Sheldon Lettich 50:54
Right? Actually,

Alex Ferrari 50:55
it is a very good I you know what I mean, you know, I mean, yeah, especially those years, especially in those years.

Sheldon Lettich 51:02
Yeah, yeah, we're still Oh, there. Were there wars going on at the time. Like when I was over there working on the chuck norris movie. I hear. I see. planes flying north towards Lebanon. I hear explosions. Okay, so there was shit going on. But sly didn't want to go. He was nervous about it. And they said, cor Russell, okay. All over the world. They They even had looking in Canada, like some of the some of the middle provinces in Canada. school, I think there's good production deals they're going to

Alex Ferrari 51:39
so where did you guys find this? Where did they finally shoot Israel? Oh, they

Sheldon Lettich 51:42
did. She came back to my original idea, which was Israel, Israel be perfect. But they have a film industry there. They have technicians. And they've got the thing about Israel is they've got all this captured Soviet equipment. They've got all the so they've got Soviet tanks, armored personnel characters, because because the Soviets had been supplying all the Arab countries, and they had these wars and the Israelis won the wars, and then they'd have the spoils of war. So they had all this shit land around. Beautiful, in addition to the only thing that Israel didn't have was the high mountains. But not every part of Afghanistan has high mountains is a desert part. So so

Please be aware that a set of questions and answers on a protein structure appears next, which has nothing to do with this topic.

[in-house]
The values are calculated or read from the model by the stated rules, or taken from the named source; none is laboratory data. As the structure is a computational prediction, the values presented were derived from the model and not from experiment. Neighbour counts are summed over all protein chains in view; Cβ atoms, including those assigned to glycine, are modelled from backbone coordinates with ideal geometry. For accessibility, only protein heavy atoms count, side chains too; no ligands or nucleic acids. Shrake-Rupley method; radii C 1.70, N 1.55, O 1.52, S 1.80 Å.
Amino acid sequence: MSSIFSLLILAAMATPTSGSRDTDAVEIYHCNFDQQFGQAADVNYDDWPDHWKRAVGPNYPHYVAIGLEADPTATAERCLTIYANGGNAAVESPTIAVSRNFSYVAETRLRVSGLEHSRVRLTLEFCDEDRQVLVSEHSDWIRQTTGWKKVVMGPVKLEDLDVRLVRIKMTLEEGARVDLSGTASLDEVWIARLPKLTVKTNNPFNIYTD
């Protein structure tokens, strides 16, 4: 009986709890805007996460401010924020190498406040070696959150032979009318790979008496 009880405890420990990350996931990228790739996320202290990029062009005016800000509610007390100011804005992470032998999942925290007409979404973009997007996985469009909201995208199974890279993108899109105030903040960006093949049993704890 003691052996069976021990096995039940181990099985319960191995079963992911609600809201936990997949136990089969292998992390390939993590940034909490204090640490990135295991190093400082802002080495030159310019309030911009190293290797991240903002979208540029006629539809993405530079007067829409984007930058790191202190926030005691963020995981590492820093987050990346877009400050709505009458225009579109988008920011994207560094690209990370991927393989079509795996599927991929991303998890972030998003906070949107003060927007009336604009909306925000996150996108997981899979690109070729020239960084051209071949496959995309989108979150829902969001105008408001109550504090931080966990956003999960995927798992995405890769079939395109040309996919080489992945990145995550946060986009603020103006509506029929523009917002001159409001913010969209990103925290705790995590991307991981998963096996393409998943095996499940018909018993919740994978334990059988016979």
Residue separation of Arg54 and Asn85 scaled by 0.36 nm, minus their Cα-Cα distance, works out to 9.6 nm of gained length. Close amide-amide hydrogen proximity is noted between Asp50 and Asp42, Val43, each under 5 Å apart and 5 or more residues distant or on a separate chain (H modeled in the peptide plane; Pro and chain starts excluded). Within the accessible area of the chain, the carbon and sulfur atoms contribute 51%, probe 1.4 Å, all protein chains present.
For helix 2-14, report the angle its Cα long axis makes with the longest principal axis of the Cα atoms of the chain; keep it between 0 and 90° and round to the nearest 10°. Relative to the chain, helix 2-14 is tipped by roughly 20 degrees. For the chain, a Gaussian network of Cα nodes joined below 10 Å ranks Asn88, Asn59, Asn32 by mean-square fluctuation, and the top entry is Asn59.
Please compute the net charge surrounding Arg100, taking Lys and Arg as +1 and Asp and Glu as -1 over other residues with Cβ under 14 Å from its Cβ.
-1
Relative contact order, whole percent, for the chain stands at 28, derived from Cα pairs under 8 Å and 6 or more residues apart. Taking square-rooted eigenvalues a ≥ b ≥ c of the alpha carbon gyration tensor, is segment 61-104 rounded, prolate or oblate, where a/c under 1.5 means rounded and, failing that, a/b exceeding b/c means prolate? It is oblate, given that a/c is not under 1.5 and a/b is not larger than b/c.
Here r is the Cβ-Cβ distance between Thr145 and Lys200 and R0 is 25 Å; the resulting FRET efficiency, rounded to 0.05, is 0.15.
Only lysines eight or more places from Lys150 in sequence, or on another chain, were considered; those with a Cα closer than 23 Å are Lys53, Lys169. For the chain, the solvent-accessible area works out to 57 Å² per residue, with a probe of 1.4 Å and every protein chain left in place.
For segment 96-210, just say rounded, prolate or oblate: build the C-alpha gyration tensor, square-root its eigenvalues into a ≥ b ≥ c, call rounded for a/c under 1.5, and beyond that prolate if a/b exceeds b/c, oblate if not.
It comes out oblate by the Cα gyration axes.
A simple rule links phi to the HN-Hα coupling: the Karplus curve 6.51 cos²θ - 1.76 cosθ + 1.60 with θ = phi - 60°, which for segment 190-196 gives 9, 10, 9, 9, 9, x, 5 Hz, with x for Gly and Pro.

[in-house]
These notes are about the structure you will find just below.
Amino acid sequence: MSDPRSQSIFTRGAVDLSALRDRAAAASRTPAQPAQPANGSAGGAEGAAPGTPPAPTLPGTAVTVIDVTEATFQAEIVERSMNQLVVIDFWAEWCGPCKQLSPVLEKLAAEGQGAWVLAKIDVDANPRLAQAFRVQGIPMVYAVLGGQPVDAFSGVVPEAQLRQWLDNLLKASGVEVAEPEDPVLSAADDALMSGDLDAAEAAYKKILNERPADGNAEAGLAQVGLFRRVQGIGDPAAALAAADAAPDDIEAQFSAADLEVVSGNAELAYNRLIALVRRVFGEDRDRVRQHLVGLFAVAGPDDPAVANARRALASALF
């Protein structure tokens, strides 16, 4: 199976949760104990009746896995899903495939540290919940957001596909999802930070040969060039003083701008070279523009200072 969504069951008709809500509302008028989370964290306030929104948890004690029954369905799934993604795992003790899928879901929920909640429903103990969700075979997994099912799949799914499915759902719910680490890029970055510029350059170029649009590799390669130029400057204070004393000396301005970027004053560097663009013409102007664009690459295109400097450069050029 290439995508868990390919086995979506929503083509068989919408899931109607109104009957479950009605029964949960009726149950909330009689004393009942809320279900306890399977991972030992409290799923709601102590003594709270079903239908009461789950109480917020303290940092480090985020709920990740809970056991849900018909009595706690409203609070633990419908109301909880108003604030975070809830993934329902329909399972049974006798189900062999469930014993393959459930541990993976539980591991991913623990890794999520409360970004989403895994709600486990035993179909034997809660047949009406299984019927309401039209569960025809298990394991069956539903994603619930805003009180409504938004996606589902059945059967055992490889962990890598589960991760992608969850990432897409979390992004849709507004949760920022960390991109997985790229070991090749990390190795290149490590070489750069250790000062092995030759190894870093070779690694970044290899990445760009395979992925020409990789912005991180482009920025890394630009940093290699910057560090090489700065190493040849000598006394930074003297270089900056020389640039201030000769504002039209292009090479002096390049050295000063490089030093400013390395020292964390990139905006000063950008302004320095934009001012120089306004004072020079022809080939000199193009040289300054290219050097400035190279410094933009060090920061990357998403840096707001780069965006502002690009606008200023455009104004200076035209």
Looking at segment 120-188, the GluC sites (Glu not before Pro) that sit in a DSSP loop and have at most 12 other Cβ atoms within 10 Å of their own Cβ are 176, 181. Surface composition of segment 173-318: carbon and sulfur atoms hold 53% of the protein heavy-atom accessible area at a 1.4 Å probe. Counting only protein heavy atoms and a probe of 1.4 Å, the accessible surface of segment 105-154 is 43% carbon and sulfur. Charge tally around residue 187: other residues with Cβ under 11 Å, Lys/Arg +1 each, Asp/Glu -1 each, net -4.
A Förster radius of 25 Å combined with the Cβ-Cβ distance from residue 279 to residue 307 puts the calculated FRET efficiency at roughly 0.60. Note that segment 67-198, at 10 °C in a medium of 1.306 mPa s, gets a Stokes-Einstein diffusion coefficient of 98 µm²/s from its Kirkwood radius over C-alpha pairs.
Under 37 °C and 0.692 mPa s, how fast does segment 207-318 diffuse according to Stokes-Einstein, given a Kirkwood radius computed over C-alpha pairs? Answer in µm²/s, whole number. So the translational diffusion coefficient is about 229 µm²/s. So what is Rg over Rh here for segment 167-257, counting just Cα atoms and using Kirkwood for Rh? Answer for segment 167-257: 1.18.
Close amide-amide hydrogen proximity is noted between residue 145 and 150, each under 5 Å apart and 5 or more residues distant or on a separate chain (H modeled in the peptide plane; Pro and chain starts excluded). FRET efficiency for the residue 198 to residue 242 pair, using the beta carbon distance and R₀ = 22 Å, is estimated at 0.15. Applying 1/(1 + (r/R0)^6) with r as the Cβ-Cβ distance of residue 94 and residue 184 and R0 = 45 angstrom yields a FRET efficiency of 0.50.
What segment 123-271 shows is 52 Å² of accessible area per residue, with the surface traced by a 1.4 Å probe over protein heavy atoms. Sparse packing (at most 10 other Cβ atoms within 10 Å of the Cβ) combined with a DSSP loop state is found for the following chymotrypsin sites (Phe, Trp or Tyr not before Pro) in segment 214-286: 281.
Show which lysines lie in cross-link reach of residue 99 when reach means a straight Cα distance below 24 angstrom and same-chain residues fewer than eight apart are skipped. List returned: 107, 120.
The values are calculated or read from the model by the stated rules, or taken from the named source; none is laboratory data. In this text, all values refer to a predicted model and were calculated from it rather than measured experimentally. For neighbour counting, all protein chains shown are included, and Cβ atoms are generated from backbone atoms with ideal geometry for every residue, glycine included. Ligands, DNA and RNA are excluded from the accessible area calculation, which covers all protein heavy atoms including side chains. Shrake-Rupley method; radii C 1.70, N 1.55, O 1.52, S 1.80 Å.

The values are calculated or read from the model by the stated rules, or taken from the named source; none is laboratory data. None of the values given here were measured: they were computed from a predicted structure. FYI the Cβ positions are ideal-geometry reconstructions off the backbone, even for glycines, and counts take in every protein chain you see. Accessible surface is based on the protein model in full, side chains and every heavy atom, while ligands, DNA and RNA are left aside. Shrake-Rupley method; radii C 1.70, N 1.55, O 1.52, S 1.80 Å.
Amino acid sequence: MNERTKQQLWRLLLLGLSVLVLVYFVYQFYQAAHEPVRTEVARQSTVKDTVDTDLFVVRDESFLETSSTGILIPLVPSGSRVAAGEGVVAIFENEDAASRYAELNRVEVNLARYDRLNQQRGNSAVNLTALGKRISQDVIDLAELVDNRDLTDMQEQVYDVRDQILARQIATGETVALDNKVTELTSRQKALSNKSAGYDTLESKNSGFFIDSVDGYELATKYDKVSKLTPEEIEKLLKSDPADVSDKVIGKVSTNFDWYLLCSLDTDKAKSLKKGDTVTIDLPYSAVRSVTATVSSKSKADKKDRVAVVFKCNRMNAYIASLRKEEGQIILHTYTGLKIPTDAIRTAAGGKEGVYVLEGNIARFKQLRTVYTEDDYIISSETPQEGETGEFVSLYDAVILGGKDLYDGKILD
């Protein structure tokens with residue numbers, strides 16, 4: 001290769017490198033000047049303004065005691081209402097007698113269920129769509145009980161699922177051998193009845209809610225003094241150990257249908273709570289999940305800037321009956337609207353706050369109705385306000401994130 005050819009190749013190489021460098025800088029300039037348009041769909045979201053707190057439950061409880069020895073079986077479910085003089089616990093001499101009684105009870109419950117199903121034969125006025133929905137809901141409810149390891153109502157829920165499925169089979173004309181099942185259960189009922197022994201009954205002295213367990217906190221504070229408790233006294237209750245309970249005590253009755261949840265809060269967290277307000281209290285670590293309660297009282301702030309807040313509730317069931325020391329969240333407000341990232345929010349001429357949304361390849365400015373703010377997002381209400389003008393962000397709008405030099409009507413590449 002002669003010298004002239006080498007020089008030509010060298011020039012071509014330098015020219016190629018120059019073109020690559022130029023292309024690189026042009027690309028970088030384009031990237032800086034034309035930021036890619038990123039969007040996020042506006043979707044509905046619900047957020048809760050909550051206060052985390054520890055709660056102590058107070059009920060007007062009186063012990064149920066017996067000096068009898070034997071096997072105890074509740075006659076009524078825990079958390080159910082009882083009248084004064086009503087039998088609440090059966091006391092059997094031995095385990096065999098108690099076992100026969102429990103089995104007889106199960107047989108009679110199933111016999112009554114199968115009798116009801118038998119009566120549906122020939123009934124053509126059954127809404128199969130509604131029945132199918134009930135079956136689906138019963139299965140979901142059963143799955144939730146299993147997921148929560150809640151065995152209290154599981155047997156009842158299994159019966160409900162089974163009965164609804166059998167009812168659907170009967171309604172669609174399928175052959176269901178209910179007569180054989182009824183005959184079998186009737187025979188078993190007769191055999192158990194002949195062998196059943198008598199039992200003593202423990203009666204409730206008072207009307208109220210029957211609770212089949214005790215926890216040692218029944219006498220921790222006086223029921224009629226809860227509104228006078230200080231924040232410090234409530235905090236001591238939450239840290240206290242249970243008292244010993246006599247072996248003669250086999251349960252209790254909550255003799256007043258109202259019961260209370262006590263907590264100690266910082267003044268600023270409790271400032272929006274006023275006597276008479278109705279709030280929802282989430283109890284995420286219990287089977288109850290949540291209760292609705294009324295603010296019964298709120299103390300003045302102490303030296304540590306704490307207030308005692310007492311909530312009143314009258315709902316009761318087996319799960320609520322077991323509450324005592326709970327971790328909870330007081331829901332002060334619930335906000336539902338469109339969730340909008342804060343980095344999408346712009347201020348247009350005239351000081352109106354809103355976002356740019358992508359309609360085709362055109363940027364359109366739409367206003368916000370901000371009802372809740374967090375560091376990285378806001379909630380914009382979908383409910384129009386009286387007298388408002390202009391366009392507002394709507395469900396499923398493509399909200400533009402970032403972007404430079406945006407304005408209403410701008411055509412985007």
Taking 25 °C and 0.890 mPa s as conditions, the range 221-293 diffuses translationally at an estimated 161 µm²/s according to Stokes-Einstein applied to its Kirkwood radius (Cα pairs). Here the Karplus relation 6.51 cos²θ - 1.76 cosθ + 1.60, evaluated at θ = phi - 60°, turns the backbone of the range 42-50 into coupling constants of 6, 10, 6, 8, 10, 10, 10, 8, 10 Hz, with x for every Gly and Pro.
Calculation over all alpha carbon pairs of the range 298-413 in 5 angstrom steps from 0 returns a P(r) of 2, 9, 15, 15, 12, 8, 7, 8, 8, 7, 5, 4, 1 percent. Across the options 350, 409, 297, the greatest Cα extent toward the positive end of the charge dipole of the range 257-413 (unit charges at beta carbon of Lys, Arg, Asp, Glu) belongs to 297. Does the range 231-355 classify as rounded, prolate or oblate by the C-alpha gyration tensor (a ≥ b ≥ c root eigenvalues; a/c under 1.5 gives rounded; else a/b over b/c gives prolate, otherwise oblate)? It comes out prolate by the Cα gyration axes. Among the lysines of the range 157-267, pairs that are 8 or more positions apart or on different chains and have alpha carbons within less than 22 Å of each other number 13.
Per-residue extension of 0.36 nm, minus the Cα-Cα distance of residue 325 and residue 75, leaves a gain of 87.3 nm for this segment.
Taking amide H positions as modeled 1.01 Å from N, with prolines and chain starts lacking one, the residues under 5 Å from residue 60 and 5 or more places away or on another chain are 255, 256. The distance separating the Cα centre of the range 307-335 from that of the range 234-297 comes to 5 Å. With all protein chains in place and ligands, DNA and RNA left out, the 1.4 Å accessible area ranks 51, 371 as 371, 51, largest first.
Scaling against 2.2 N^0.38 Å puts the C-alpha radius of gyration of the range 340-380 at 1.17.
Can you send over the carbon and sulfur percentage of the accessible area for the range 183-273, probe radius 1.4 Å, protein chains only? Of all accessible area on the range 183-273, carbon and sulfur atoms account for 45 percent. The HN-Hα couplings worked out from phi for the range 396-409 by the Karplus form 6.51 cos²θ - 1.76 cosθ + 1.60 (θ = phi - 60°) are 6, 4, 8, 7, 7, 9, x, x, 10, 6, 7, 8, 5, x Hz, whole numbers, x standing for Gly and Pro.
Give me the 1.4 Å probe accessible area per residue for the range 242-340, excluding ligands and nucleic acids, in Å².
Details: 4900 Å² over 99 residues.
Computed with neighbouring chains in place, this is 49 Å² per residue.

Alex Ferrari 52:27
it all worked, it all worked out. So I know I go into every every movie in your, in your filmography, we'll need at least 20 hours for this podcast at least 20 hours so because I mean Lionheart and sight and your your work on Cyborg and just working with the cannon boys in general, but I Lanier and all in the order and things like that. But you know, to kind of wrap this up I just wanted you had such an impact on john clouds career and john cloud had a major impact on your career. You guys are very, very simple symbiotic relationship. And you did How many did you finally do with jumpcloud? Like, directed for for directed, but you worked on it? From what I saw, like, polishes?

Sheldon Lettich 53:12
Yeah, maybe. Maybe it doesn't,

Alex Ferrari 53:16
right. I mean, jumpcloud always had you in his back pocket working with him in one way shape, or form as a as a co writer, or, or Polish or script doctor and things. So you know, what? How was that relationship? I mean, I because I've, it's very similar to you know, Scorsese and De Niro in a sense because they they both came up.

Sheldon Lettich 53:36
I mean, people have made that comparison.

Alex Ferrari 53:38
Constantly, obviously, constant louder. It's just, it's just like it but a little bit of slight bit different, less kicking less kicking on the Scorsese side. So, but but you've had this kind of really symbiotic relationship with a star and you were there literally at the very beginning when he was kicking guys on the street to get attention or close the kicking guys in the street. So how, how have you worked? How was it working with him on things like Lionheart and double impact and and you're working in. I mean, Lionheart was a studio project. I remember right, it was a Was it a universal?

Sheldon Lettich 54:14
No, it was Columbia,

Alex Ferrari 54:16